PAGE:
Case study: The impact of remote patient monitoring

A weight management program relies on an app to closely monitor patients and help them achieve their goals.

By Thomas Castles

In early 2020, Mike Shaw, who had struggled with weight loss for years, started taking bike rides and trying to eat less. He lost a little weight, but progress was slow. He shared his frustration with his father-in-law and was honest about his fears of catching the coronavirus in such a vulnerable state.

His father-in-law listened closely. Then he responded with a recommendation that he should contact Jamy Ard, M.D., a co-director at the Wake Forest Baptist Health Weight Management Center.

“It was a real heart-to-heart [between me and my father-in-law.] He pushed me, and that's when I said: ‘OK, you know what, I'll do it’,” Shaw remembers.

For Shaw, the program was nothing short of a revelation. “Everything just started to click,” he says.

In less time than he ever thought possible, he lost a total of 110 pounds in the program. A key component to the weight loss effort was the program’s remote monitoring approach.

A tailored plan

While in medical school at Duke University, Ard says, several patients in residential weight management programs helped change the way he understood his responsibility as a physician.

“These people talked about coming into these programs with lots of medical problems, and in six weeks’ time, they're doing things that they couldn't have imagined before,” he says. It affected them from head to toe, from a psychological and mental health perspective to the physical perspective. And they changed in a dramatic way in a very short period of time.” 

At Wake Forest, where he’s worked since 2012, Ard oversees programs that use innovative approaches to treat obesity, all of which revolve around the same central philosophy: individualized treatment for individual patients aided by remote patient monitoring.

Weight-loss plans are constantly updated and rewired to incorporate findings from Ard’s research. They’re the product of his drive to understand how individualized plans can be optimized to prevent subsequent conditions, such as diabetes, hypertension and heart disease.

“Mike [Shaw] will tell you: We spent a couple hours with him in that initial appointment, as well as doing some work beforehand,” Ard says. “By the time we finished building a plan for Mike, we’d probably spent four hours or so with him to try to understand his goals and motivations and some of the challenges that he faced in terms of managing diet and physical activity.”

Creating a daily structure

After collecting as much relevant data as possible, Ard’s team builds a daily structure for each patient, including the appropriate frequency and timing of meals and the amount of physical activity the patient needs to reach their weight loss goals. There’s also a behavioral counseling component, where patients learn skills that can help them avoid emotional eating, and group classes where they engage with peers and tackle specific behavioral issues, including binge eating.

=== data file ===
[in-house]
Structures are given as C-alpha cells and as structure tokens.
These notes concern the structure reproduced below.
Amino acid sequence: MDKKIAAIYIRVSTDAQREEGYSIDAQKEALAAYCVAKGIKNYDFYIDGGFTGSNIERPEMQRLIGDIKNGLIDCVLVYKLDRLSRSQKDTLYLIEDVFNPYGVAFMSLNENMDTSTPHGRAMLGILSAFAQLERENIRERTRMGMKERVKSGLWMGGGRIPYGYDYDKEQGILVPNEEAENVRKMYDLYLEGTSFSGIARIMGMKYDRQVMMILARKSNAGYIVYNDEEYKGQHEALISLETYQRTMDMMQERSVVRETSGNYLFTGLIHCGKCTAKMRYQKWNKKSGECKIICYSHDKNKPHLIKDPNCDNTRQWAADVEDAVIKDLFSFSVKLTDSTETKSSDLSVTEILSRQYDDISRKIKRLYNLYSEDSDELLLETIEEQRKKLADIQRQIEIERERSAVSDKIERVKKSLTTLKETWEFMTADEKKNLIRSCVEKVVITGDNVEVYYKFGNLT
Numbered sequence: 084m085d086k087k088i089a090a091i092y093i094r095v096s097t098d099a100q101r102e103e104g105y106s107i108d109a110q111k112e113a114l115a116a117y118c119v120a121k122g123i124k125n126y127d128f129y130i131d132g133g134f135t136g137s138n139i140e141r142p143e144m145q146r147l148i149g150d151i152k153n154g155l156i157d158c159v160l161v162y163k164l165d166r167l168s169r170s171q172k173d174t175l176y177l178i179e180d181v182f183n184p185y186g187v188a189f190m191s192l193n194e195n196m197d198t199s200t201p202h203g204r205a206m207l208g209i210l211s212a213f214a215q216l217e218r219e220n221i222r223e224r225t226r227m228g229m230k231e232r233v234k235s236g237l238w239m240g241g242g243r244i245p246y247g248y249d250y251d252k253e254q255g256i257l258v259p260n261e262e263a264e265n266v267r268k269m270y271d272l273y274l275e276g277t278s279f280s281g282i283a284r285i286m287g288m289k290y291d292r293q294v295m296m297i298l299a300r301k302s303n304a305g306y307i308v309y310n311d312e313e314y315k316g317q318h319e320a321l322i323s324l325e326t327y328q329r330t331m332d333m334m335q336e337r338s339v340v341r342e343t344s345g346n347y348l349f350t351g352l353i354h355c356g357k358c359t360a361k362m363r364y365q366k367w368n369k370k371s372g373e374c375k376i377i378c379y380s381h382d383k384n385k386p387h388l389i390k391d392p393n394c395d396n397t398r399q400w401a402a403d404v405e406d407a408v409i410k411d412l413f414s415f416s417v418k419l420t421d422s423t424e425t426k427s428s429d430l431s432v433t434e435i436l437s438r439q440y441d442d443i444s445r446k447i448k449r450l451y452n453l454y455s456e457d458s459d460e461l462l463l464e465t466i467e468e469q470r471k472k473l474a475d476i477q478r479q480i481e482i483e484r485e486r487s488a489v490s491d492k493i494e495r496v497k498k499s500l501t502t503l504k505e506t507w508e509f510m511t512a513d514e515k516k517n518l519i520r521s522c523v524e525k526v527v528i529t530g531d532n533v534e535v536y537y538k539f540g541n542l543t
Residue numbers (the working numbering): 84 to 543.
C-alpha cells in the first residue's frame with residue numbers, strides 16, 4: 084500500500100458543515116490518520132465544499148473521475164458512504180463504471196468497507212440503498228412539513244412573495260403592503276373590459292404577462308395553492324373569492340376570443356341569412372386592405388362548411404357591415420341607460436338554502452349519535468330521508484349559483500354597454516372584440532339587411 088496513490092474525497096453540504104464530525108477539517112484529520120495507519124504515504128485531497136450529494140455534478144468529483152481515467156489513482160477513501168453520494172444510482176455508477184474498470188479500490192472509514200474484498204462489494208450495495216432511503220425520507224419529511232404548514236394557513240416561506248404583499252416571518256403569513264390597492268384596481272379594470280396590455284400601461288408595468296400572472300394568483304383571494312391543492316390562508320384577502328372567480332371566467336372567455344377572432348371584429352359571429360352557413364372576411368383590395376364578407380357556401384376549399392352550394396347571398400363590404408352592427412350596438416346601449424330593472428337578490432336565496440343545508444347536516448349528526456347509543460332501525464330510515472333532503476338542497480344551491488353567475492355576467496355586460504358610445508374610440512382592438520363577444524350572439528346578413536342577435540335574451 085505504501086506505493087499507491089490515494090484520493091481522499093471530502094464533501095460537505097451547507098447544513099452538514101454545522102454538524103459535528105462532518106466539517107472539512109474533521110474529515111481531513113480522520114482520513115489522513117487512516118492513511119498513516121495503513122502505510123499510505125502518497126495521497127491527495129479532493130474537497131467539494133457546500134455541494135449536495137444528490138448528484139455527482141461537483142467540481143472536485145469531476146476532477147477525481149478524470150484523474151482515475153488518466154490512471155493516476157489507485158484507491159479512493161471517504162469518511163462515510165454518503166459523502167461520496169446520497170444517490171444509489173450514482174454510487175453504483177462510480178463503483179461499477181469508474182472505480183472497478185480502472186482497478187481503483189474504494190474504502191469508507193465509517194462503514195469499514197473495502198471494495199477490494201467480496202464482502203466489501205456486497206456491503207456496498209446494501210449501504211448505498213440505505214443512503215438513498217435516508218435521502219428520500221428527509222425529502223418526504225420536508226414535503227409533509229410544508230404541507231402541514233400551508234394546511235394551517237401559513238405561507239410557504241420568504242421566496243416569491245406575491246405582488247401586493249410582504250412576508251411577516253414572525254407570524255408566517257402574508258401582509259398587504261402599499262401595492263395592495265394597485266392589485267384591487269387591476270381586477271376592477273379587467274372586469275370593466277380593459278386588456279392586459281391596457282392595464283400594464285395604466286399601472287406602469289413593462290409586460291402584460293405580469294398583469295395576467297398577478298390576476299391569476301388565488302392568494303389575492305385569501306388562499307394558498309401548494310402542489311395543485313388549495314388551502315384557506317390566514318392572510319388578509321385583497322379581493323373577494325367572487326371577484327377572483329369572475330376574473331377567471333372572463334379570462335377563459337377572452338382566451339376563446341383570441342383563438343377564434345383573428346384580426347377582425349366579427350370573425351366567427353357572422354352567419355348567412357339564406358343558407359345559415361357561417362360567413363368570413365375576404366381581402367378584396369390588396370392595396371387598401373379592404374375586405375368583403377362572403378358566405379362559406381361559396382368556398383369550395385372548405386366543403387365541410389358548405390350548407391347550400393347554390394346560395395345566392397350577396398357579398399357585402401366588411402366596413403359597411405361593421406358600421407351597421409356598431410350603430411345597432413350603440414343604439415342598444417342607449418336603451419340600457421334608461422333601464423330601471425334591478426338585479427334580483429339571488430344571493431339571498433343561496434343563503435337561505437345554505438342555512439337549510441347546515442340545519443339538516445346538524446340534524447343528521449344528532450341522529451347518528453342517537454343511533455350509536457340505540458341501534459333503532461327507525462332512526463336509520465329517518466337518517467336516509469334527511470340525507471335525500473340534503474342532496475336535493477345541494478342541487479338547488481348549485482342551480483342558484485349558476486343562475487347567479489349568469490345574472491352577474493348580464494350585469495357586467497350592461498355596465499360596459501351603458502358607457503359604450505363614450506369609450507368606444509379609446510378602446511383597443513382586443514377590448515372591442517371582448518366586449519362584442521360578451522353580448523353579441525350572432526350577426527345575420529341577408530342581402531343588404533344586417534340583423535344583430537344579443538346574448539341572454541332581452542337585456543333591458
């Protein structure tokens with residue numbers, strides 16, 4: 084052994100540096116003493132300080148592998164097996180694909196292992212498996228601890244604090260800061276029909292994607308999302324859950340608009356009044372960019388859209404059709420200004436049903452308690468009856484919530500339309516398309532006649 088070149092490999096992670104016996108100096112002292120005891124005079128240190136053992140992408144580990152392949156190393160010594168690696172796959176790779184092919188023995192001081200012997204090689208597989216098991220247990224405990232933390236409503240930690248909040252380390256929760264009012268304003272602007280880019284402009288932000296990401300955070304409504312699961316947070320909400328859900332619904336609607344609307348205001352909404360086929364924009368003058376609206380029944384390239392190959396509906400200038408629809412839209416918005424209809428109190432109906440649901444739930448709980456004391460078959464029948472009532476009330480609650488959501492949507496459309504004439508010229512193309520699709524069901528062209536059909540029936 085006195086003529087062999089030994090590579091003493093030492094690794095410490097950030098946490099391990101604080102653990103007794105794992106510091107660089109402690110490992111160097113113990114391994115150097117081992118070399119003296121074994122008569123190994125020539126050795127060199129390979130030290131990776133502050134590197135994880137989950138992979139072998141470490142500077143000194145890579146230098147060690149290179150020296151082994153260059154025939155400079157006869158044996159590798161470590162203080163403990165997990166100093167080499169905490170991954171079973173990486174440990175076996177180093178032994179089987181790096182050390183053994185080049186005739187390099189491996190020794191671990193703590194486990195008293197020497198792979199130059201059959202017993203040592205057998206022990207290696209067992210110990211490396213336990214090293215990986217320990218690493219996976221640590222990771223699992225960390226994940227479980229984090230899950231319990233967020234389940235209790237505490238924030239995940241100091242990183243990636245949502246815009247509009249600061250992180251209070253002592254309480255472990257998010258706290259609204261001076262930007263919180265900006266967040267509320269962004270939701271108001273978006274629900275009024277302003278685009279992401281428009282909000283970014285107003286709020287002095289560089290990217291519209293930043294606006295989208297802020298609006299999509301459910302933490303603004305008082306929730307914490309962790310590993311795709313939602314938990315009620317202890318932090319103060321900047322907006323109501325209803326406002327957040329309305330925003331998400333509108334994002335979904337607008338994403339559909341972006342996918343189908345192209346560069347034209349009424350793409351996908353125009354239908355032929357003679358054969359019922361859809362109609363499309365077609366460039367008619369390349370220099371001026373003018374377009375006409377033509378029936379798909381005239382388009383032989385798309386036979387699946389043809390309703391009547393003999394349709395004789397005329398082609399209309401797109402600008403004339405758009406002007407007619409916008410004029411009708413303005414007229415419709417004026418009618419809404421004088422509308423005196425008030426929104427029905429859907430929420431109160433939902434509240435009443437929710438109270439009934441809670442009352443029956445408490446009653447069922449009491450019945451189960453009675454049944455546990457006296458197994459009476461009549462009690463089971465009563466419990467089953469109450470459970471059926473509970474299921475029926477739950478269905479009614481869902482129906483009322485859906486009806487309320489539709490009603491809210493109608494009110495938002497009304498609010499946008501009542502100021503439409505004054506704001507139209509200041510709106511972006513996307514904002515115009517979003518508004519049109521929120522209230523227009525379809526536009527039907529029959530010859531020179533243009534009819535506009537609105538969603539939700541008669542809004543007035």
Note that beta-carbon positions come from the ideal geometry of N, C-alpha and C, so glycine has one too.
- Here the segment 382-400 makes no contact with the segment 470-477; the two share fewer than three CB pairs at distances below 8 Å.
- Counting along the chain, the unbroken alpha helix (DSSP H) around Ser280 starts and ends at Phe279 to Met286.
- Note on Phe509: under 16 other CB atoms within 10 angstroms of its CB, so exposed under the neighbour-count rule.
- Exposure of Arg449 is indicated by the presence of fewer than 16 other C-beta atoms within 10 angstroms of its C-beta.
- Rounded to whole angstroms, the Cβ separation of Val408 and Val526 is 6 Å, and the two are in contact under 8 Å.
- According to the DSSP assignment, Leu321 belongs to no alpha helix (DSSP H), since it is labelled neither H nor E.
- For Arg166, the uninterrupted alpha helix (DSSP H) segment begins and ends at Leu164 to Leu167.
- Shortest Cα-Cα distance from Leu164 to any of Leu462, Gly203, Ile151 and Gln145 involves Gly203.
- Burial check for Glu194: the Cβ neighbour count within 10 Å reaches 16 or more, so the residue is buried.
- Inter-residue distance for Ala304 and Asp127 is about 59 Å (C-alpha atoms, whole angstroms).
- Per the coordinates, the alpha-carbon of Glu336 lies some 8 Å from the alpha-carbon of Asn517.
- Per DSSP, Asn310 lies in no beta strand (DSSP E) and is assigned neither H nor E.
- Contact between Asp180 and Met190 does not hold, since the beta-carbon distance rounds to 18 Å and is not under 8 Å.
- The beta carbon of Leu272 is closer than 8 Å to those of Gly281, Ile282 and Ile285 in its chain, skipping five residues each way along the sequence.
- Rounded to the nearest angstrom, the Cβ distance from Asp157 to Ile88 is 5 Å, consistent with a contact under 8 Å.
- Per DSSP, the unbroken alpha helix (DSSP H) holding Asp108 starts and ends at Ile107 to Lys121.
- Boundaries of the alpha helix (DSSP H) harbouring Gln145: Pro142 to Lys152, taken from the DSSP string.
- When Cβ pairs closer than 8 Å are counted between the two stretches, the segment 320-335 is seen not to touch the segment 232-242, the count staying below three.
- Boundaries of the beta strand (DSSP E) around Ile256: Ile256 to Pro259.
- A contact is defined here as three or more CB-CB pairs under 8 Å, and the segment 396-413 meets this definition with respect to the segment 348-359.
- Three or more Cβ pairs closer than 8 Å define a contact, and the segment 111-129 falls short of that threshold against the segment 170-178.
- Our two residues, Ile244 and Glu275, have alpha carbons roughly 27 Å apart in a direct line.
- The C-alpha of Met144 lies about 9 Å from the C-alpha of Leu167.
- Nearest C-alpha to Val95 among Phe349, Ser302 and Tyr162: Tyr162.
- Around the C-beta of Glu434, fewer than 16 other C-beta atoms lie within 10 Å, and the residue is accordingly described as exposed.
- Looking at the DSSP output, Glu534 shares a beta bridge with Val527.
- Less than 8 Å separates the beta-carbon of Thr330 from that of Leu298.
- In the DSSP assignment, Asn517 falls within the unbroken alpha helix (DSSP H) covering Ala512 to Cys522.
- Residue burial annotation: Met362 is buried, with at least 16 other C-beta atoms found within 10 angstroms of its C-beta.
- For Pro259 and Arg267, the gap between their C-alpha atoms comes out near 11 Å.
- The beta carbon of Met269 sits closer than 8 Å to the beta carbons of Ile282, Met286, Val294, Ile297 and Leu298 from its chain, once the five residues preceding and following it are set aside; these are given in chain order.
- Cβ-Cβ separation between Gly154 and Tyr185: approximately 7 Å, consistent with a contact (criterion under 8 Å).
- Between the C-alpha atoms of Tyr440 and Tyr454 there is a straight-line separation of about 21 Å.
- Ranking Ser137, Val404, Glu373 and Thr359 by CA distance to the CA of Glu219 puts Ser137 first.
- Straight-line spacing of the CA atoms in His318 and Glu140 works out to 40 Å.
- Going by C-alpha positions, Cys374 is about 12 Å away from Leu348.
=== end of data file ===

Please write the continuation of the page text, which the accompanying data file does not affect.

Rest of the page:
“But what we mostly do is individual, one-on-one types of engagement,” Ard says.

It’s all about building relationships and trust.

“A lot of what we do, we're able to do with remote monitoring and the [Carium] app,” Ard adds. The app also keeps Shaw abreast of his progress, structures his daily meals and activities, and connects him with team members at the weight management center as often as he needs.

Monitoring patients’ progress

To help patients achieve better results using a comprehensive approach, Ard partners with a team that includes physicians, nurse practitioners, physician assistants, dieticians, behaviorists and exercise physiologists.

And the app provides the entire team with a bird’s-eye-view of every patient in their care.

“At any point in time, I can pull up Mike's profile and see what his weight was this morning. I can see what it was over the past 30 days, or since he started, and look at that trend,” Ard says.

The app helps patients log food intake, which the care team uses to track behavioral changes and offer tailored dietary feedback. Ard can use the app to see when things are going smoothly, or when a patient might need a little extra help staying on track.

For Shaw, it’s all about staying accountable. From January to May 2021, he didn’t skip tracking meals once, and he logged an average of 11 food items per day in the app.

Shaw also synchronized his Apple Watch with the app to record his physical activity and keep track of his blood pressure, so there was no need to input data manually.

The most pleasant surprise, Shaw says, was that his relationship with food was totally reformed. Leveraging meal planning, expert consultation and behavioral support, Ard’s program stripped away Shaw’s toxic eating habits and helped him develop a healthy attitude toward food and eating.

“Now I know the difference between really being hungry and just being bored and having my body trick me into thinking I'm hungry,” Shaw says.

Disease management

Ard says remote patient monitoring can play a big role in chronic disease management, helping to ensure patients’ accountability as well as their access to high-quality care for obesity and other conditions.

“There's nothing about your day that doesn't have an impact on your weight,” he says. “That’s why I need to be able to interact and engage with the patient as much as possible. And the evidence shows from our classic behavioral interventions that the more often we engage the patient, the better they do.”

Thomas Castles' article appeared on the Carium website here.

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